Can I Be Licensed In One State And Sell In Another?

Business By adonisthegreek1 Updated 4 Apr 2008 , 5:12pm by apclassicwed

adonisthegreek1 Posted 30 Mar 2008 , 4:09pm
post #1 of 10

I am running out of money to stay afloat in Michigan. I cannot afford to build my own commercial kitchen (yet anyway), and Michigan does not have the cottage law that allows you to bake from home. I have family and friends in Ohio where you can operate a home based business. Is it feasible that I could get licensed in Ohio, then sell in Michigan?

9 replies
dailey Posted 30 Mar 2008 , 4:12pm
post #2 of 10

i'm pretty sure the answer is yes. i rent a kitchen in Chicago but live in Indiana. i was told i can sell in both states...

adonisthegreek1 Posted 2 Apr 2008 , 2:05pm
post #3 of 10

I was hoping that was true, but I just found out from Ohio's Dept of Ag. that their cottage food law only allows you to sell in Ohio. Maybe you can do it state to state with full licensing.

mkolmar Posted 2 Apr 2008 , 9:53pm
post #4 of 10

Yes, you can. I live in MI and am licensed in Toledo, Ohio through a church kitchen. I am considered a commercial bakery since I can refrigerate items. (otherwise it would be considered a cottage food bakery) I can sell basically to anyone as long as I have the label printed out with business name, contact info, name of product, weight of product and the ingredients. I also am required to deliver all products. I sell to people in MI sometimes and it has never been an issue, the health inspector even ok'd it.

adonisthegreek1 Posted 3 Apr 2008 , 1:57pm
post #5 of 10

Mkolmar, thanks for the info. I think the difference is because I was only looking at a "cottage" license, not a commercial license in Ohio. Maybe I'll see if it is easier (expense wise) to obtain a commercial license in Ohio. It is really hard in Michigan to find someone to rent space from. I've had some temporary arrangements, but I need to find something permanent. I don't do anything on a large scale so there's no need for me to invest a lot of money and get in debt. I've tried VFW halls with no luck. I've tried churches, but they have said that if they rent their kitchen that they may lose their tax exempt status.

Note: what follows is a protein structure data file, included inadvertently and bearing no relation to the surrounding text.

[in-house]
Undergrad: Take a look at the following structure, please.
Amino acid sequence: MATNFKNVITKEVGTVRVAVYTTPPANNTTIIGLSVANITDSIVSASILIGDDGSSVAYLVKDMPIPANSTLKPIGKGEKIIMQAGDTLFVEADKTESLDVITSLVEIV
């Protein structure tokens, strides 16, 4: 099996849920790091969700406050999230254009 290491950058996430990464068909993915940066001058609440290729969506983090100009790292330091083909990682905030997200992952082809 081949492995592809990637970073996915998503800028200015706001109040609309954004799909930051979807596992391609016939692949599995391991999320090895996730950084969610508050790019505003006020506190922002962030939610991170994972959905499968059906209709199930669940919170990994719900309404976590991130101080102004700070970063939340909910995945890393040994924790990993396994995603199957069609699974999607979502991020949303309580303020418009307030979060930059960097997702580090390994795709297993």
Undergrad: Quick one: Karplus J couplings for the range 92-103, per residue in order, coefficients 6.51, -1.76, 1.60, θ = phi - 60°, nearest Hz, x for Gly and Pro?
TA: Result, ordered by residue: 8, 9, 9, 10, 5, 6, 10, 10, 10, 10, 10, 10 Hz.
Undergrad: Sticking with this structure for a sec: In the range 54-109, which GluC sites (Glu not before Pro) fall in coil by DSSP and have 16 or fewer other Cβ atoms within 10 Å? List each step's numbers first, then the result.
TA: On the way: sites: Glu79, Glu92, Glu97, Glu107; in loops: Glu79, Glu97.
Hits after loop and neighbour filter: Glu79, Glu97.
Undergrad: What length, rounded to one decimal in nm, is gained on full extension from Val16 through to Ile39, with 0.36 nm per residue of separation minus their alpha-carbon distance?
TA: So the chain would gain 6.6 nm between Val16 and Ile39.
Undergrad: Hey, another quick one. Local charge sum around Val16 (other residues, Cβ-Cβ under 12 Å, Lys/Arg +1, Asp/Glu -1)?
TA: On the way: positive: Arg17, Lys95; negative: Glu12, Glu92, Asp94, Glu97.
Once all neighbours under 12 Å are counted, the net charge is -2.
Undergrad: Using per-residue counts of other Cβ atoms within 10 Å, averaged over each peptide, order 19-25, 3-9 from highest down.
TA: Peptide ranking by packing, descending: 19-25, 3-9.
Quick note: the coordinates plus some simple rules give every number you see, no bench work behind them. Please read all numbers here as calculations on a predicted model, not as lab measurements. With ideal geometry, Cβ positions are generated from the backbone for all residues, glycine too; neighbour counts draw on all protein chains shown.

chocolatecake Posted 3 Apr 2008 , 2:19pm
post #6 of 10

Also talk with your Insurance company to confirm that your food liabilty coverage extends to multiple states ( and adjust it accordingly)

mkolmar Posted 3 Apr 2008 , 2:52pm
post #7 of 10

In Ohio the cottage food license is $10, the commercial food license is $30 (at least for Lucas county anyways) If you want to cater or do other things the cost goes up a little. Baked goods are also tax exempt for the clients.

apclassicwed Posted 3 Apr 2008 , 4:50pm
post #8 of 10

This is very interesting information. I'm also in Michigan, so in order to get the Ohio license, do you have to show(prove) current or previous residency in Ohio?

mkolmar Posted 3 Apr 2008 , 8:00pm
post #9 of 10

IF doing from a house, you must show residency. If like your like me and renting out a church kitchen, then no.

apclassicwed Posted 4 Apr 2008 , 5:12pm
post #10 of 10

mkolmar--
thanks for the information! Michigan is such a PITA about so many things....

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